An unregistered barrister has been fined £1,000 by a Bar disciplinary tribunal for falsely describing himself as a solicitor and appearing in court when he did not have the right to do so.
Stephen Robertson Aseka was found to have carried out a reserved legal activity in June 2015 – exercising rights of audience in a fast-track case in the county court – without holding a practising certificate.
The tribunal said Mr Aseka “recklessly permitted the court to be misled as to his professional status [by] failing to correct the court’s impression that he was a solicitor when he was not and had no appropriate legal qualification entitling him to appear before the court on behalf of his client”.
He was also found to have failed to act “with honesty or integrity” in that he “falsely described himself as a solicitor for the defendant” when approving a draft order.
The Bar Standards Board (BSB) said Mr Aseka was an unregistered barrister, called in October 2011. He was fined £1,000, a sanction which is currently open to appeal.
In a further case involving an unregistered barrister, Mahnoor Choudhury was disbarred by a tribunal last week for stealing money from her employer’s petty cash and from her work colleagues’ bags.
Ms Choudhury, who was working as a paralegal for Surrey law firm Howells Jones Solicitors, was also reprimanded by the tribunal for not reporting her “serious misconduct” promptly to the BSB.
In a statement, the BSB said Ms Choudhury, was “summarily dismissed by her employer on 22 June 2016” for stealing a total of around £400.
A BSB spokeswoman added: “Acting dishonestly by stealing money is incompatible with membership of the Bar.”
Ms Choudhury was called in 2014. Her sanction is open to appeal.
She was banned from working for law firms by the Solicitors Regulation Authority (SRA) last year for the same thefts, and ordered to pay £300 in costs.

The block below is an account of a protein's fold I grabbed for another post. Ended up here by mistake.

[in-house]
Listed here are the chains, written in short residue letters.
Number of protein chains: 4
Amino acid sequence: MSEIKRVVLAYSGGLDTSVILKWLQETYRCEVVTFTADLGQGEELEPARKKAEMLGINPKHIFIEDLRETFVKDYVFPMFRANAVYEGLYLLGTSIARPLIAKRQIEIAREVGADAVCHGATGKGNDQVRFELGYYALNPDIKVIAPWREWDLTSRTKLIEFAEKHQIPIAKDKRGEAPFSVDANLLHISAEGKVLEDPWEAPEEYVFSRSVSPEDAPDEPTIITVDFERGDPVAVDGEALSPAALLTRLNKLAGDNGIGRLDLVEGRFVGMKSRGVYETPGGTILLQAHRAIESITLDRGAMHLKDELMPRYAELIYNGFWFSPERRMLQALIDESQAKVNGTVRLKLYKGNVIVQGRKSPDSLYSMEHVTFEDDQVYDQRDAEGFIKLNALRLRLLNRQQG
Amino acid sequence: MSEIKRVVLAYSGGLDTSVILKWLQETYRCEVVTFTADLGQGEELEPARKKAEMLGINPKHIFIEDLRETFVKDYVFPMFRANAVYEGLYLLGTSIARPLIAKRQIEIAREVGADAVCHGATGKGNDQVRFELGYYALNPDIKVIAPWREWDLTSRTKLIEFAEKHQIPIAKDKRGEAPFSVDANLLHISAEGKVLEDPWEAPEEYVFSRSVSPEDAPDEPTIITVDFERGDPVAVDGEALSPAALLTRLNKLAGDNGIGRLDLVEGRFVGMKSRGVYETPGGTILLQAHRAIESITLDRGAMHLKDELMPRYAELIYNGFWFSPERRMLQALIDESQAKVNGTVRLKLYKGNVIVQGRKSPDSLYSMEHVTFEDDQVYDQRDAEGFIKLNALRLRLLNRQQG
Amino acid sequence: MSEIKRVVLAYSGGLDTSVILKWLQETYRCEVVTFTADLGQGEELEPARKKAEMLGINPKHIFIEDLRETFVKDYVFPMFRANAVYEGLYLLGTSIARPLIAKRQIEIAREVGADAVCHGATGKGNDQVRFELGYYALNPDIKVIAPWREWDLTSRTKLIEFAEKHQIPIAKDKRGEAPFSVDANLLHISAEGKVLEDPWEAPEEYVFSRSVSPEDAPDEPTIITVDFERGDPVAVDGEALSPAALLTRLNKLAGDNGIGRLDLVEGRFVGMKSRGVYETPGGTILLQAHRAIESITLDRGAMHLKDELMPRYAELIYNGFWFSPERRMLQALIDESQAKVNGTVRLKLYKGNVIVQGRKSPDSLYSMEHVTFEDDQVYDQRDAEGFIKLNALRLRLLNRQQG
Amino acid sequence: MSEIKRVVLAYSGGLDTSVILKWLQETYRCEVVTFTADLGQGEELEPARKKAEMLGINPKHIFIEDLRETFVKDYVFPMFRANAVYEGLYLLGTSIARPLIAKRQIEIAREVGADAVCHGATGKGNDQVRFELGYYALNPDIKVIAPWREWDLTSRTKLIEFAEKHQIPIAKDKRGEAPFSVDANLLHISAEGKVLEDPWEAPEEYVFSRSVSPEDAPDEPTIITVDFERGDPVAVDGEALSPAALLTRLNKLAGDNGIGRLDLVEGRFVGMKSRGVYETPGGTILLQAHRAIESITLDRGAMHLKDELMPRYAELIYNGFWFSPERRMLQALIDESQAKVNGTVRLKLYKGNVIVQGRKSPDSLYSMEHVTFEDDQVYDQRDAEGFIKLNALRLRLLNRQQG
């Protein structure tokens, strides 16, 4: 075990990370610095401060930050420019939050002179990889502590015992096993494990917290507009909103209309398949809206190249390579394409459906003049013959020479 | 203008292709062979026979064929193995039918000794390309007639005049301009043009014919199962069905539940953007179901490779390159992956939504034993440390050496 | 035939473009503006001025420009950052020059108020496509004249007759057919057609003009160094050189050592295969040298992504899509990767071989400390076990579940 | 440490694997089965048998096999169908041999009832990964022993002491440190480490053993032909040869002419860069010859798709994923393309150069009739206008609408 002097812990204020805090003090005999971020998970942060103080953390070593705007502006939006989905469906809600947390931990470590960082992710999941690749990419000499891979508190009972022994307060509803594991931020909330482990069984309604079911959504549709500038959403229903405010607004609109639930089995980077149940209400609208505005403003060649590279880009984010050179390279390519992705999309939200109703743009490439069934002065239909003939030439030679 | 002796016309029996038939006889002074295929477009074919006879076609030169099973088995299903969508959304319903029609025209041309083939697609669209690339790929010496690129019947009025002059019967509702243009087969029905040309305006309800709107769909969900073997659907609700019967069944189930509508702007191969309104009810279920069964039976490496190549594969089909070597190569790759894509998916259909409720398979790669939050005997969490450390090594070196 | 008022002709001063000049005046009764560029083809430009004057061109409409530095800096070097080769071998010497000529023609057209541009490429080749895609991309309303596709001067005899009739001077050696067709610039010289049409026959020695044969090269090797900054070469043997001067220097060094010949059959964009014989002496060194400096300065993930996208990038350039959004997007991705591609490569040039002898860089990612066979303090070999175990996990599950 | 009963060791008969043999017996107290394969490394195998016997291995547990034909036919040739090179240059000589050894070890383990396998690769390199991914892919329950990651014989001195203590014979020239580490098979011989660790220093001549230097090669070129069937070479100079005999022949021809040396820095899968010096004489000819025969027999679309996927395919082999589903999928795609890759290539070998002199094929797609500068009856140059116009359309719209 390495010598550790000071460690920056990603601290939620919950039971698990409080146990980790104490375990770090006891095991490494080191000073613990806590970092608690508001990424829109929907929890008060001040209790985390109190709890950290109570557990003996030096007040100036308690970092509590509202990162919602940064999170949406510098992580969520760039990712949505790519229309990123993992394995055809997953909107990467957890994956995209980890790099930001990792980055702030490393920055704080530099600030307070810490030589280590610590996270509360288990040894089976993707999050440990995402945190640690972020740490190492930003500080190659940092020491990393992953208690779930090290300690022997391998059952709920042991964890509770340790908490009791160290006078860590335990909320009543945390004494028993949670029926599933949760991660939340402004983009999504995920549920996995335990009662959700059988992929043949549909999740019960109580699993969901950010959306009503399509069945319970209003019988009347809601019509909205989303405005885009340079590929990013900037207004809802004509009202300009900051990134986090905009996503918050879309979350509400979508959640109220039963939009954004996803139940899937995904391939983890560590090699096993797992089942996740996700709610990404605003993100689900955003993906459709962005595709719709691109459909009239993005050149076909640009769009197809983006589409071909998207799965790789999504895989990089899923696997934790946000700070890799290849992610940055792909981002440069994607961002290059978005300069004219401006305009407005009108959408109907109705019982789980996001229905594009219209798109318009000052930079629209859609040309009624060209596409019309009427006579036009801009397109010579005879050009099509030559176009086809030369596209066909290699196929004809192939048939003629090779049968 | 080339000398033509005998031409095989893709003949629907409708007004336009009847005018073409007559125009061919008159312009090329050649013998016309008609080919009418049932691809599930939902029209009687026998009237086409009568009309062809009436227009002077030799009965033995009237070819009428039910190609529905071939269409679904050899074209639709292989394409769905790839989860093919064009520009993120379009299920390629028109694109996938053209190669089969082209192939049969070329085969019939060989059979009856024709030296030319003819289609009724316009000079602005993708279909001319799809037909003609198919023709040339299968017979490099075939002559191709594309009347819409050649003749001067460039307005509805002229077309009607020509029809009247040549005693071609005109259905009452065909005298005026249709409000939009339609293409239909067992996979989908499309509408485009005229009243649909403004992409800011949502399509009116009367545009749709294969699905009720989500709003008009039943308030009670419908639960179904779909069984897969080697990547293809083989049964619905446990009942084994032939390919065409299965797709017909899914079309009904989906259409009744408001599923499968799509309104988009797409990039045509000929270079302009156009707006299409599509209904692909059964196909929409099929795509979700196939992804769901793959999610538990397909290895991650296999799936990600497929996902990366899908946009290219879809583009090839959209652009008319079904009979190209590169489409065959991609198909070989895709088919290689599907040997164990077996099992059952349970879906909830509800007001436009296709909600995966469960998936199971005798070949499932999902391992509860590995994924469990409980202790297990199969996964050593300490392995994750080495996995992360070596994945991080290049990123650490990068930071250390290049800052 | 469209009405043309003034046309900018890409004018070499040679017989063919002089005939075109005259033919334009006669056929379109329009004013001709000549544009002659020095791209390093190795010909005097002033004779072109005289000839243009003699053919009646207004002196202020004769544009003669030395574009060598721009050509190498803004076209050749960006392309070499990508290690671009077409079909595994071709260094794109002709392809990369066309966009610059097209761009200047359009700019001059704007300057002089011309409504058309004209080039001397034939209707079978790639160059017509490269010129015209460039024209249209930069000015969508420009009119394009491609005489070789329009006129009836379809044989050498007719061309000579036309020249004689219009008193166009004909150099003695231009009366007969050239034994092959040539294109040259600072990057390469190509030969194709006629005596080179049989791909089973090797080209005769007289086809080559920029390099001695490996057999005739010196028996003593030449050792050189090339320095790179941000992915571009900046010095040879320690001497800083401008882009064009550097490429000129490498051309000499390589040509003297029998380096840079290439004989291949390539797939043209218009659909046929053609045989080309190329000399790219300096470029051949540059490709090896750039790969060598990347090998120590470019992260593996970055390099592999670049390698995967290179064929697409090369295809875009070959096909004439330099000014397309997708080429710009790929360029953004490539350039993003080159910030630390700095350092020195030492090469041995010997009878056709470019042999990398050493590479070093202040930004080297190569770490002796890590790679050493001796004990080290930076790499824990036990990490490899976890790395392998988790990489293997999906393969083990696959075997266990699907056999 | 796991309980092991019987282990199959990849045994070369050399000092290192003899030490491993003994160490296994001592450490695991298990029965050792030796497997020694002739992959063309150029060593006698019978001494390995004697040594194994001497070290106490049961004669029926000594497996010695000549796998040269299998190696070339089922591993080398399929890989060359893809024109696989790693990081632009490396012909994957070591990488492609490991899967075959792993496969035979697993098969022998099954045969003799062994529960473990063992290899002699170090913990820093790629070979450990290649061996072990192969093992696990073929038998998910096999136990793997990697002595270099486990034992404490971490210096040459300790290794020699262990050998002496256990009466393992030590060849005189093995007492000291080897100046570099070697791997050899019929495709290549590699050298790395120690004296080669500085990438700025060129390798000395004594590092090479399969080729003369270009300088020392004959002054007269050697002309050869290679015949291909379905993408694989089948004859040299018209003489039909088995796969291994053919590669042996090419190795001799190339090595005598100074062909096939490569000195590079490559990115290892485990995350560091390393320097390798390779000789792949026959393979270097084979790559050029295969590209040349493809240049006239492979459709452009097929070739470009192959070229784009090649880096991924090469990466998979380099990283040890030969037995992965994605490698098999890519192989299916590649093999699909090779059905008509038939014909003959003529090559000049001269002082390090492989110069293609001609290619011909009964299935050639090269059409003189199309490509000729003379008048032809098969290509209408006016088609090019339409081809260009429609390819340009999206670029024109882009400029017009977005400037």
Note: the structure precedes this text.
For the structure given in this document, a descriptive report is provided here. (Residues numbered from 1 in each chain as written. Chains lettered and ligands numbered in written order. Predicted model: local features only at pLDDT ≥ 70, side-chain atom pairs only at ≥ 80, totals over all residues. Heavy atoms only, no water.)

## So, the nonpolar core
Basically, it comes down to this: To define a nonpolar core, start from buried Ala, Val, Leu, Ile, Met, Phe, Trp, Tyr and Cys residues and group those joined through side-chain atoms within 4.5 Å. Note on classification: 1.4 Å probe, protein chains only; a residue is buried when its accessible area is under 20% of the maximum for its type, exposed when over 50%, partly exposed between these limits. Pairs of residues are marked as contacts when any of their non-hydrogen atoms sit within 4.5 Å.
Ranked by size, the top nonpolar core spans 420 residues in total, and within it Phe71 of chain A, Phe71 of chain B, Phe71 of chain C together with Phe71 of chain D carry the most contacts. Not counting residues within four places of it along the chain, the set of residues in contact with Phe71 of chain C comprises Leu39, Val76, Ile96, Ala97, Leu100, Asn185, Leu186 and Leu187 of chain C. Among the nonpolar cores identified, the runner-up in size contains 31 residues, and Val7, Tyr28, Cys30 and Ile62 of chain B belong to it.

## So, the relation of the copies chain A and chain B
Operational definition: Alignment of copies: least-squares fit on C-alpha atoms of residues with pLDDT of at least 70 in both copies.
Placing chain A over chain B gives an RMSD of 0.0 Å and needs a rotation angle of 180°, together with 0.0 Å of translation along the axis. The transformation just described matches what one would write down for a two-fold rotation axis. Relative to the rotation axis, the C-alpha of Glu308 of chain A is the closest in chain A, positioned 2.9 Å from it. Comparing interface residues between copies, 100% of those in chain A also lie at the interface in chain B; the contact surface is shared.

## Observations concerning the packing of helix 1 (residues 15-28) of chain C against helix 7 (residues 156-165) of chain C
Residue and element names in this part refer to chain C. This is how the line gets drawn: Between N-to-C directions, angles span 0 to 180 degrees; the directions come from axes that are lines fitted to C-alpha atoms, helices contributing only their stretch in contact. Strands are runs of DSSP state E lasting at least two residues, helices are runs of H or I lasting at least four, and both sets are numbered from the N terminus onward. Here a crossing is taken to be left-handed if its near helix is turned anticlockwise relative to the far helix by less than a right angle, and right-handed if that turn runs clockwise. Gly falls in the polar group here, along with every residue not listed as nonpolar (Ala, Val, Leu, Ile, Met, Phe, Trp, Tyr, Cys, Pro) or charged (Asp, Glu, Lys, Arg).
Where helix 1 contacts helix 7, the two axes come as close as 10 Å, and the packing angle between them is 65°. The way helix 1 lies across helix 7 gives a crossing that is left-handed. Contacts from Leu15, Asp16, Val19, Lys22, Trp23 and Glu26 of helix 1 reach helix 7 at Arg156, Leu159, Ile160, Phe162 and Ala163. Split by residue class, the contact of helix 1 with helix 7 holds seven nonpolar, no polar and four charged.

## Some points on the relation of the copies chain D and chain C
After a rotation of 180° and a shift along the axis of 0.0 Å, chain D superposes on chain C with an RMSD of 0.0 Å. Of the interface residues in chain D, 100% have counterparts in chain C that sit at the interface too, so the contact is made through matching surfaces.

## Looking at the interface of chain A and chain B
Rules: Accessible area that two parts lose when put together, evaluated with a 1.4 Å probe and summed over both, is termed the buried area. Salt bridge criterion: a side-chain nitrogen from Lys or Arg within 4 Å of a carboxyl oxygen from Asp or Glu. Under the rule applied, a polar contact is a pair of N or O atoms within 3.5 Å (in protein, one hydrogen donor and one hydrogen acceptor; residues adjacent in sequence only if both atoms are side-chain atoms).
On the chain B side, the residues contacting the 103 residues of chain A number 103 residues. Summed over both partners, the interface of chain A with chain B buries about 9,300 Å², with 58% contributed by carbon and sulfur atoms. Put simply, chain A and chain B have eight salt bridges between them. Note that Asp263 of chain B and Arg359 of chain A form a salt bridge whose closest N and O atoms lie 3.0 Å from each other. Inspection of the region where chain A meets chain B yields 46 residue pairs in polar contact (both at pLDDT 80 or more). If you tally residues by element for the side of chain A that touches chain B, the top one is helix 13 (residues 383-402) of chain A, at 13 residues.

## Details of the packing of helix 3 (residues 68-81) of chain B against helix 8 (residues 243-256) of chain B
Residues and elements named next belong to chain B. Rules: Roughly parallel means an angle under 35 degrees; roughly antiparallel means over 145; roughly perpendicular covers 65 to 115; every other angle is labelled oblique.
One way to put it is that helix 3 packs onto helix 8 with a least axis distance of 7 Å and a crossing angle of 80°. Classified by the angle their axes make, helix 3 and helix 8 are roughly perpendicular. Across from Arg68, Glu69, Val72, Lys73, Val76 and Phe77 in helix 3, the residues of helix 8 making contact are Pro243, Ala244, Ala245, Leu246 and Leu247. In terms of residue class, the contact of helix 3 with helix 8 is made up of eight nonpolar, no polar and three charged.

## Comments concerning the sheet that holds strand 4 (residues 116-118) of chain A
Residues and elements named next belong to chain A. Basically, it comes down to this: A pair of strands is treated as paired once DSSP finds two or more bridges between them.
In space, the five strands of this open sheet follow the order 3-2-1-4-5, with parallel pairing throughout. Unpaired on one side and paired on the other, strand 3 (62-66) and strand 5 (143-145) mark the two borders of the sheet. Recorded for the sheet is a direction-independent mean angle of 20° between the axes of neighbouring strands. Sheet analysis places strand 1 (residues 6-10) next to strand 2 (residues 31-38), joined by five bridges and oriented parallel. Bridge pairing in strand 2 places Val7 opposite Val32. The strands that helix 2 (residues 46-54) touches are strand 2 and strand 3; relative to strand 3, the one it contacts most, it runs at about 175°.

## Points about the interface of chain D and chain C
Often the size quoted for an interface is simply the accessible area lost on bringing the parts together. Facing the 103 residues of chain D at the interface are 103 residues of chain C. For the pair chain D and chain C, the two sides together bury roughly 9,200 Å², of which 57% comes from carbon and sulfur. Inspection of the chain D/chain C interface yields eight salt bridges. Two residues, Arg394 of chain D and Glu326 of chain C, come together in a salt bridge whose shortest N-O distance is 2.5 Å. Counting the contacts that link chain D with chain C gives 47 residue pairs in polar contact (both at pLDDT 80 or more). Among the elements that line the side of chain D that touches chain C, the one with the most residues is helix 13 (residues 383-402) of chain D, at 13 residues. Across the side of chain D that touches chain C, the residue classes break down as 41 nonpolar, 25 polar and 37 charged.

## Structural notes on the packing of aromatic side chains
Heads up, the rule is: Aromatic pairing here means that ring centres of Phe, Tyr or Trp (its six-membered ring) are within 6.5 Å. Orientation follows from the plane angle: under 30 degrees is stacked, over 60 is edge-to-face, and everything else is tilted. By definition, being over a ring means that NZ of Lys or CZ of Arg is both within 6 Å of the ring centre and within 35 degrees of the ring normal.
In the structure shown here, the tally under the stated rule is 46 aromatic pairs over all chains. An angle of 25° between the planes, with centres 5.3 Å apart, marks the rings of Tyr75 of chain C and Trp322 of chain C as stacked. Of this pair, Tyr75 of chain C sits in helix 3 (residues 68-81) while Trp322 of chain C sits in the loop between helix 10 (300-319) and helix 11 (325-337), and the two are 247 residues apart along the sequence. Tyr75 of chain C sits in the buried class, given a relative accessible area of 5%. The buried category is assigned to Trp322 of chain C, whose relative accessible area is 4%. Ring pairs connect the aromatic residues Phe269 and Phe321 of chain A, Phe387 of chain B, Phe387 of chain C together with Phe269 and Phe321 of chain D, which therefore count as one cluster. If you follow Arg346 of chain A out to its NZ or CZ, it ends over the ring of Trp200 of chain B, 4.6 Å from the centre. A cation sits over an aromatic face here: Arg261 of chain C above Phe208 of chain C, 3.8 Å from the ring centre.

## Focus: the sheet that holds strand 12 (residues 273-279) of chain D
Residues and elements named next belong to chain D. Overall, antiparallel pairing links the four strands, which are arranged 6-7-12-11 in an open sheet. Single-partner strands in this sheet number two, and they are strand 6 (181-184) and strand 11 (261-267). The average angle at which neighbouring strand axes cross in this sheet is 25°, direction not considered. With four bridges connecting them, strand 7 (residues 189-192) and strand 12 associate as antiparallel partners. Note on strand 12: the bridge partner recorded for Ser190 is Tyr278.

The SRA said that while working for the firm’s conveyancing department, she admitted to stealing £120 from colleagues, £150 from the firm’s petty cash and to “using the firm’s franking machine for her own personal benefit to the value of £12.03”.
There have also been a series of barristers sanctioned for criminal offences of late, the highest profile of which was Henry Hendron, who was suspended for three years earlier this month after he pleaded guilty last year to two charges of possessing controlled drugs (class B and class C) with intent to supply. Tragically, the drugs led to the death of his boyfriend.
In addition, Mr Hendron was fined £2,000 for two charges relating to administrative failings as a head of chambers: failing to make sure fees earned by a particular barrister working in the chambers were properly and efficiently administered, and failing to give proper notice to a barrister when asking that barrister to leave the chambers.
Other cases included Simon Sherriff, called in 1999, who was reprimanded and fined £250 for being convicted of drink driving – for which he was disqualified from driving for 16 months – and also not co-operating with the BSB in its investigation.
Meanwhile, Robert Shaw, called in 2008, accepted a fine of £500 after he too was convicted of drink driving – leading to a 17-month driving ban – in a ‘determination by consent’, an agreement struck with the BSB that meant he was not referred to a tribunal.
In another determination by consent, Jonathan French, called in 1997, was fined £2,000 after he accepted a caution for assault.